OSCON moves to San Jose

The official word is out, OSCON 2009 will be moving from Portland, Oregon to San Jose, California. We’ve received significant positive feedback on the move, and messages of welcome from Bay Area open source contacts, but also some messages of disappointment from the local Portland open source community, and from non-local attendees who enjoyed visiting Portland every year. We’re also sad to leave, Portland has been an incredible incubator for the conference, as it is for many open source ventures. OSCON was first launched in Monterey, California, and then moved to San Diego, California. In 2003 we moved to Portland, to the Marriott Hotel on the Waterfront, and in 2005 we moved to the Oregon Convention Center on the other side of the river. During our time in Portland, we received incredible support from the local open source and technical communities, and from the Portland Development Commission. In Portland, OSCON grew from 1300 registered attendees in 2003, to 3000 registered attendees in 2008.

Clearly Portland was good for OSCON, but at the same time, we move most of our conferences every few years, to allow new local communities and organizations to participate and to provide new activities for non-local attendees. And while every conference planner likes to see yearly growth as a sign of a healthy conference, it’s a challenge to find space for 3000 people plus a projected growth of ~20% (based on previous years). The largest available keynote space at the Oregon Convention Center (the largest conference facility in Oregon) holds approximately 2500 people in our current layout (with a stage and airwall space to divide into smaller rooms for day sessions), and has an absolute maximum limit of 3600 people. 2008 marked a record high of OSCON attendees being turned away from sessions they wanted to see, due to firecode restrictions on the maximum occupancy of the rooms. Even Tim O’Reilly was turned away from two sessions. Given a choice between restricting conference registrations to a pre-set limit (like we do with the Web 2.0 Summit) and finding a bigger space, we knew the right choice for a community-oriented conference like OSCON was to find a bigger space.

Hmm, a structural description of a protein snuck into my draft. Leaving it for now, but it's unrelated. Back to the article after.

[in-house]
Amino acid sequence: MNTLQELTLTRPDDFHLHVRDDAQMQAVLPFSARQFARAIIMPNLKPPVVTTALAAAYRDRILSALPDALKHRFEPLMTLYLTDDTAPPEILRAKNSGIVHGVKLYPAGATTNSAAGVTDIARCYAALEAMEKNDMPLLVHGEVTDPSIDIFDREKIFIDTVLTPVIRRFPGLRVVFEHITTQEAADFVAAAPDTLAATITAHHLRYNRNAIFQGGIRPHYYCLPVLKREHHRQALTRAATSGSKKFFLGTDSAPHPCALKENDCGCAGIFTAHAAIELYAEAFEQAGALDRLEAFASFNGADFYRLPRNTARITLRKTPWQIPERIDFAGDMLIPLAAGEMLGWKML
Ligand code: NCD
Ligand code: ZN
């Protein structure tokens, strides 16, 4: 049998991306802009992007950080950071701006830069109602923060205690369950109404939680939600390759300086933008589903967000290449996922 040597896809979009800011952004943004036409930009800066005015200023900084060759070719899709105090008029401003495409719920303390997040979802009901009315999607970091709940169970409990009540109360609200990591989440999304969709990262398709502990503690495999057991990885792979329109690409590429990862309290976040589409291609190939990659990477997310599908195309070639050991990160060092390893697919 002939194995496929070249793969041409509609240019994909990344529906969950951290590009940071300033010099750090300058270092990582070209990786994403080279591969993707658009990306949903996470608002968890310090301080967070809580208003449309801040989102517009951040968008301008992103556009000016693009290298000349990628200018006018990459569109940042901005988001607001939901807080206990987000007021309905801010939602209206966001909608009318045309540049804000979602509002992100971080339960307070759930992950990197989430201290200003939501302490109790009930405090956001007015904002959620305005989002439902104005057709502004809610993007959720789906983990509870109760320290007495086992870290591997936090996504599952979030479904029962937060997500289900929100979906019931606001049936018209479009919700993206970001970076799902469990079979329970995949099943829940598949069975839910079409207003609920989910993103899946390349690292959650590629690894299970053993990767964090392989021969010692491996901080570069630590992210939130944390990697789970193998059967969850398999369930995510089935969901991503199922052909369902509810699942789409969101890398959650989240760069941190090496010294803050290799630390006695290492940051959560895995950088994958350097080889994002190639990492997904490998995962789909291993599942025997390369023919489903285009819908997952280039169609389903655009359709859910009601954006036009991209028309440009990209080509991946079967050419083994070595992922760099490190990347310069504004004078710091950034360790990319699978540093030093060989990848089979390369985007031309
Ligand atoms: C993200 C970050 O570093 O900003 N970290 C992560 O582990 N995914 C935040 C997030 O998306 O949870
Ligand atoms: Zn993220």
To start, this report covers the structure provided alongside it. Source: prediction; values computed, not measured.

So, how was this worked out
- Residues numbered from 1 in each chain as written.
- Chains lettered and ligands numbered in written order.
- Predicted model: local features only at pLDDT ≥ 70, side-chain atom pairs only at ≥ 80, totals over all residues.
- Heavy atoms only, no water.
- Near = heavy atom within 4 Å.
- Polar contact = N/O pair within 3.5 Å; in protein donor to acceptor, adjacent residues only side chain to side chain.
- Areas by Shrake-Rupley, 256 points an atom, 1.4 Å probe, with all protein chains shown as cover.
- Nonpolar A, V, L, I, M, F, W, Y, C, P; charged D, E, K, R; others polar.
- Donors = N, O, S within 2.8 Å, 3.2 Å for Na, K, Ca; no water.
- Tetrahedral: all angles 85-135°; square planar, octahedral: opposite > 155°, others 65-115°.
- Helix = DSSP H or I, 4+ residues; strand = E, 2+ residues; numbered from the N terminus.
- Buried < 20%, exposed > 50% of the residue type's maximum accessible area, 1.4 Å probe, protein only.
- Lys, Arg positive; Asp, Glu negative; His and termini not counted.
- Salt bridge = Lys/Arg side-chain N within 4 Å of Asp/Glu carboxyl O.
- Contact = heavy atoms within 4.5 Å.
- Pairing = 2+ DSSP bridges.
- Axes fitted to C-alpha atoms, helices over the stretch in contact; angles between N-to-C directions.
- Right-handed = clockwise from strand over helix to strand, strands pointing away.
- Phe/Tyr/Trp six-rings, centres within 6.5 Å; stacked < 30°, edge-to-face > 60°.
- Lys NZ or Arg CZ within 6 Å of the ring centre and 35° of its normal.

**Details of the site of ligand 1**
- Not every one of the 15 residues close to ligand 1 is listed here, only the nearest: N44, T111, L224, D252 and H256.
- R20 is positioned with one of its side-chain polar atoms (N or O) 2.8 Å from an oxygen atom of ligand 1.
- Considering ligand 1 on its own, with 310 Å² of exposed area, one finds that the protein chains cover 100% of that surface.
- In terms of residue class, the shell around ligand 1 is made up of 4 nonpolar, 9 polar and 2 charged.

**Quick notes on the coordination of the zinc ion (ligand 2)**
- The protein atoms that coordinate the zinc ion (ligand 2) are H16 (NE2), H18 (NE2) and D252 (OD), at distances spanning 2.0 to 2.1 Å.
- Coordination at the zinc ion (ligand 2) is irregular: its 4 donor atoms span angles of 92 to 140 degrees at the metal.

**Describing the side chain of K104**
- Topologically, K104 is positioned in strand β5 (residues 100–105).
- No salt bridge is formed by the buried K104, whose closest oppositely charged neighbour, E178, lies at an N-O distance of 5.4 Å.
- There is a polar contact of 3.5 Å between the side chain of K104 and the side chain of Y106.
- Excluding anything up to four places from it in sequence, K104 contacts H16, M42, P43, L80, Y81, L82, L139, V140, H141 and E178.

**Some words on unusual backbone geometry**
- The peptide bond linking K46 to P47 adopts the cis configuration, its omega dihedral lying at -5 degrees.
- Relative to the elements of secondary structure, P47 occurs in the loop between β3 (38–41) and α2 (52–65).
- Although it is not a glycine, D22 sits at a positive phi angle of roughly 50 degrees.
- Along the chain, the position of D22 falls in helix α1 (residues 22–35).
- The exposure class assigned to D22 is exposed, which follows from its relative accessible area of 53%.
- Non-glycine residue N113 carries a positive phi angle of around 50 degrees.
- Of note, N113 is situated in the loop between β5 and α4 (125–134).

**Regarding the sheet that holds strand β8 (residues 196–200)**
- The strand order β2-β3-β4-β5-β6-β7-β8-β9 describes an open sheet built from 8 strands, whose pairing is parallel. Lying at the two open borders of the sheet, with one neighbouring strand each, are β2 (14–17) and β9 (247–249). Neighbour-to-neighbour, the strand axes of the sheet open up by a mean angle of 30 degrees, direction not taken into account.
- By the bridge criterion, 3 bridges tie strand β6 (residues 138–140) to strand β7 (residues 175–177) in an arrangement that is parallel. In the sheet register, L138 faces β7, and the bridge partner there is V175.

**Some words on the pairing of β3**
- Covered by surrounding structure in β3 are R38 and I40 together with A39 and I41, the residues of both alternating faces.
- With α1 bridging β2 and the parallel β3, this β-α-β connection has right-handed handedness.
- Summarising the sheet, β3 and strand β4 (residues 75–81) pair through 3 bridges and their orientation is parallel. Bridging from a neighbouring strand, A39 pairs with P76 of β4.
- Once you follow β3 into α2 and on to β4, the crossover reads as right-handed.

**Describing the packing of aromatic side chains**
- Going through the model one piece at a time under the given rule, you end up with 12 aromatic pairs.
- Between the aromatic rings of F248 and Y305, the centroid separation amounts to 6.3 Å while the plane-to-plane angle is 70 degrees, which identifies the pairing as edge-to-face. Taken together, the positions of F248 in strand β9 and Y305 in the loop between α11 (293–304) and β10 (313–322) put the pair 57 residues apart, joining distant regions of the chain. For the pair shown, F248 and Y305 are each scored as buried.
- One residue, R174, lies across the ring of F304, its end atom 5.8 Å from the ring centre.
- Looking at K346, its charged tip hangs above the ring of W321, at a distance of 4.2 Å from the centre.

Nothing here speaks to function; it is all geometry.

We’re thrilled to see LinuxCon starting up in Portland, and hope that the energy of yearly Portland-local open source events that grew to complement OSCON will naturally migrate to LinuxCon. Jim Zemlin, who I’ve known for years, emailed me as soon as an article was released speculating that LinuxCon was started as a reaction to OSCON leaving Portland, to assure me that they had been planning LinuxCon in Portland long before they knew OSCON was moving, and reiterating the Linux Foundation’s full and continued support for OSCON. We plan to do cross-promotion between OSCON and LinuxCon, and maybe even cross-conference discounts (if we can work out the practicalities of verifying registration at an unrelated event).

We don’t know yet how long we’ll stay in San Jose. Some aspects of the space are ideal: it’s got a strong local open source community, it’s certainly large enough to host us now and for a few years in the future, and it’ll be convenient for the attendees and staff to have the conference hotels connected to the session space again. And, with the rising cost of fuel and travel, a huge local open source population in the greater Bay Area is a definite advantage. But, it’s hard to tell exactly how good a fit any space is for a given conference until you’ve actually held the conference there. I’m sure some things about the space will be less-than-ideal, and we look forward to the feedback from OSCON 2009 attendees (both good and bad) to help us make an educated decision on the location of OSCON 2010 and beyond. We also welcome suggestions from open source communities in other cities (with conference facilities to host 3500+ people), as candidates for future years.

Thanks for your part in ten fabulous years of OSCON and open source. Here’s to another fabulous ten ahead.

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  • http://blog.urth.org/ Dave Rolsky